Tanzania, Africa travel journal – day 8

The fish Jackie ate seemed to make her sick when she woke up. I woke at 6:30, grabbed a shower and some breakfast and then listened to some of the audio that I had recorded so far on the trip. We packed up, loaded
on the bus and headed to Moshi. We stopped on the way at a school run by the Lutheran church for disabled kids ages 10-14. We saw where they make textiles and ceramic bead jewelry. The kids themselves were on holiday. We had great fun shopping in the store, which had the most reasonable prices we had seen so far.
We made a quick detour to the airport but failed to find RickÂ’s missing piece of luggage. Our hope is that on the trip home we might be able to track it down when we get someplace that can scan his luggage tag.
Whatever expectations we had of the kind of welcome we would get in Moshi left us greatly unprepared for the warmth of the welcome we received. We met Pastor Godbless at a predetermined location in Moshi. The plan was to meet him and then he would show us the way to the church.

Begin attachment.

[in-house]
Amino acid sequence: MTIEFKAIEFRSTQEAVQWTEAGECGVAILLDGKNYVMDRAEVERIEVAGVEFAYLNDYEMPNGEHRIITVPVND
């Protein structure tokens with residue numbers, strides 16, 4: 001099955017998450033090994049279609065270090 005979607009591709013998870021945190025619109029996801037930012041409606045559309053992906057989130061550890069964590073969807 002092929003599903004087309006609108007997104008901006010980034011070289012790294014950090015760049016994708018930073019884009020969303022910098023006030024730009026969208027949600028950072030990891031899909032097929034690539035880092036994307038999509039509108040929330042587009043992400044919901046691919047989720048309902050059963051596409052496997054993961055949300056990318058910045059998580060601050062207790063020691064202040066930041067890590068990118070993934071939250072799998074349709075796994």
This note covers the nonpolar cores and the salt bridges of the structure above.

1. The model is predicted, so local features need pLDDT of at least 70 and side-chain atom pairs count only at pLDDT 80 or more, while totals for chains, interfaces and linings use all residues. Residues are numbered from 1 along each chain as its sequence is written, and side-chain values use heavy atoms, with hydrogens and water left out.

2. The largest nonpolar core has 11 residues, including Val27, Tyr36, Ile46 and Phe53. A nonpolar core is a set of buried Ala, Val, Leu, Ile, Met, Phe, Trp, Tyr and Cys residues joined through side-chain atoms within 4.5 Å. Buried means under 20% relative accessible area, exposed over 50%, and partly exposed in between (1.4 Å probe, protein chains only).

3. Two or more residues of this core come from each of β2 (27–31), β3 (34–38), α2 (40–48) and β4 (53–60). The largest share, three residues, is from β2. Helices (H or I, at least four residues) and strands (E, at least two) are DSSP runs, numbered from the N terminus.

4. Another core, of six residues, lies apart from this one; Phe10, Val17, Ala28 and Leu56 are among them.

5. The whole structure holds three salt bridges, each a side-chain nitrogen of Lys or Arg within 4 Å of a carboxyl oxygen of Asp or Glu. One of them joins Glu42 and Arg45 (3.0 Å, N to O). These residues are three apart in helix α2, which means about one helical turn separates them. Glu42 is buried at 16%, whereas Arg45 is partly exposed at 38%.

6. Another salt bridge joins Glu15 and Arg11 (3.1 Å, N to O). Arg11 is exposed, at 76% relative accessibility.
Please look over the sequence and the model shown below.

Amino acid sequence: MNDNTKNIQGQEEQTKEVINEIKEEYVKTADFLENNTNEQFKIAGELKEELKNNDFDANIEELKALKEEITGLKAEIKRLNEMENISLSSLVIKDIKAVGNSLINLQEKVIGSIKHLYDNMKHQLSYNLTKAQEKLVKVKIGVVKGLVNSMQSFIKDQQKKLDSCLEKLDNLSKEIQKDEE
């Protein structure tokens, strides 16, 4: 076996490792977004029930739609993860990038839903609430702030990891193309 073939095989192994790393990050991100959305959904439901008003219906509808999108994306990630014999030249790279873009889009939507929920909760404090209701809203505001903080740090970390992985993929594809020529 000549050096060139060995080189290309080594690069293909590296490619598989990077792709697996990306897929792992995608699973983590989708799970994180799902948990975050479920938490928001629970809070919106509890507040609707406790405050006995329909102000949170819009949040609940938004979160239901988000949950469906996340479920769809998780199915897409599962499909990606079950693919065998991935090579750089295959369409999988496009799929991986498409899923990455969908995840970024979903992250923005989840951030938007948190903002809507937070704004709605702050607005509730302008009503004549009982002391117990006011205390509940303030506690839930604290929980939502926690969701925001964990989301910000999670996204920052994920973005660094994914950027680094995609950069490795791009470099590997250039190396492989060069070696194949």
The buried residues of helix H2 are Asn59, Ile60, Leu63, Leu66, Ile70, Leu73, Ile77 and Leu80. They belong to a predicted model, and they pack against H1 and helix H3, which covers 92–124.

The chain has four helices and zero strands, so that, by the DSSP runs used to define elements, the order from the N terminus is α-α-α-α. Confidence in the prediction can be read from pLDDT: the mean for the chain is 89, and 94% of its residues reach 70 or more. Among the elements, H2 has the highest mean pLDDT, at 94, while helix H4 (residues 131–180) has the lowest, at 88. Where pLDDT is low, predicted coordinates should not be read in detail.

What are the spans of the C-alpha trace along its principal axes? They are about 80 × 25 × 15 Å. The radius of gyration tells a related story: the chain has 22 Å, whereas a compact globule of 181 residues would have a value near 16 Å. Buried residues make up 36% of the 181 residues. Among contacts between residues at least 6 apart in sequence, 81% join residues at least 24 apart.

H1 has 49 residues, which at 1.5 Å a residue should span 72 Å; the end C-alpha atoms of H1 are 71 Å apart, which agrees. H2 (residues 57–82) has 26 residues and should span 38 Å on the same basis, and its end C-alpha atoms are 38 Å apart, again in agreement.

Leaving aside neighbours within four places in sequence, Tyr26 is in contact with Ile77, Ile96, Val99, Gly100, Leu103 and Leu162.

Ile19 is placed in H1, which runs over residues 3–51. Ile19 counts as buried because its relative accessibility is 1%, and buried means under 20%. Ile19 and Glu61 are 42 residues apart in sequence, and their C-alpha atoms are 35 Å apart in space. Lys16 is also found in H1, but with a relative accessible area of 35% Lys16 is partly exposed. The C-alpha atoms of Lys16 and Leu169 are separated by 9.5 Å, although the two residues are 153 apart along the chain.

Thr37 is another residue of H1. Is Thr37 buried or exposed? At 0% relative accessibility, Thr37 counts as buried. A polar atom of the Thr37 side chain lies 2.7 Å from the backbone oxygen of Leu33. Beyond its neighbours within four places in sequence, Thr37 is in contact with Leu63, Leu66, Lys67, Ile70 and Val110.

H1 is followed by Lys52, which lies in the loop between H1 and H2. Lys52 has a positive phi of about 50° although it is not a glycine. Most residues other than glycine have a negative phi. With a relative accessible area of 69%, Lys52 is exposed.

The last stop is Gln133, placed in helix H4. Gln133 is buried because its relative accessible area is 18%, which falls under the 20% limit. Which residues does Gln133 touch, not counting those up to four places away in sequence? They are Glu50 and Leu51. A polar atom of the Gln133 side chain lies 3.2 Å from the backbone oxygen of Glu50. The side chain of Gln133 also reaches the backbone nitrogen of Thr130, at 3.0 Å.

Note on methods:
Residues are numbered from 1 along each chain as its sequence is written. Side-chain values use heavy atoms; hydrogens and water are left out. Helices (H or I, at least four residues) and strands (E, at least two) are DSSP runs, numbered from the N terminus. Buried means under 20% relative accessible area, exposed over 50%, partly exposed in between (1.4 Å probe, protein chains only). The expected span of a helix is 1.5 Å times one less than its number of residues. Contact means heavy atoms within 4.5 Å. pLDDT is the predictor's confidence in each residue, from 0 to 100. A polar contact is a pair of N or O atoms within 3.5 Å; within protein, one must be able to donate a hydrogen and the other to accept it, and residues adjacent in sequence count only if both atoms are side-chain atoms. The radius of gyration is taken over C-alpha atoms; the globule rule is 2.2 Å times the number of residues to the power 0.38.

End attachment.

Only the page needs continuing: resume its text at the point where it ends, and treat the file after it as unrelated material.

Instead of just meeting him he was accompanied by a group of women and children (in their smart looking school uniforms). The children greeted us with a song and with flower leis for each of us. The women hugged us and emitted a high pitched warbling sound for which I fail to find an adequate description. We found out they had been waiting for us since 10:30 and it was nearly noon.

We followed the van up to the church where we were greeted by more than one hundred additional singing children, church elders and members. We were presented with roses and yet more hugs. The children sang another song before we unpacked the bus. We were then treated to local juice. One of the juices was made from a relative of the hibiscus and tasted somewhat like cranberry juice. It has a lot of iron and is helpful to those who are HIV positive so it is now being grown at the church.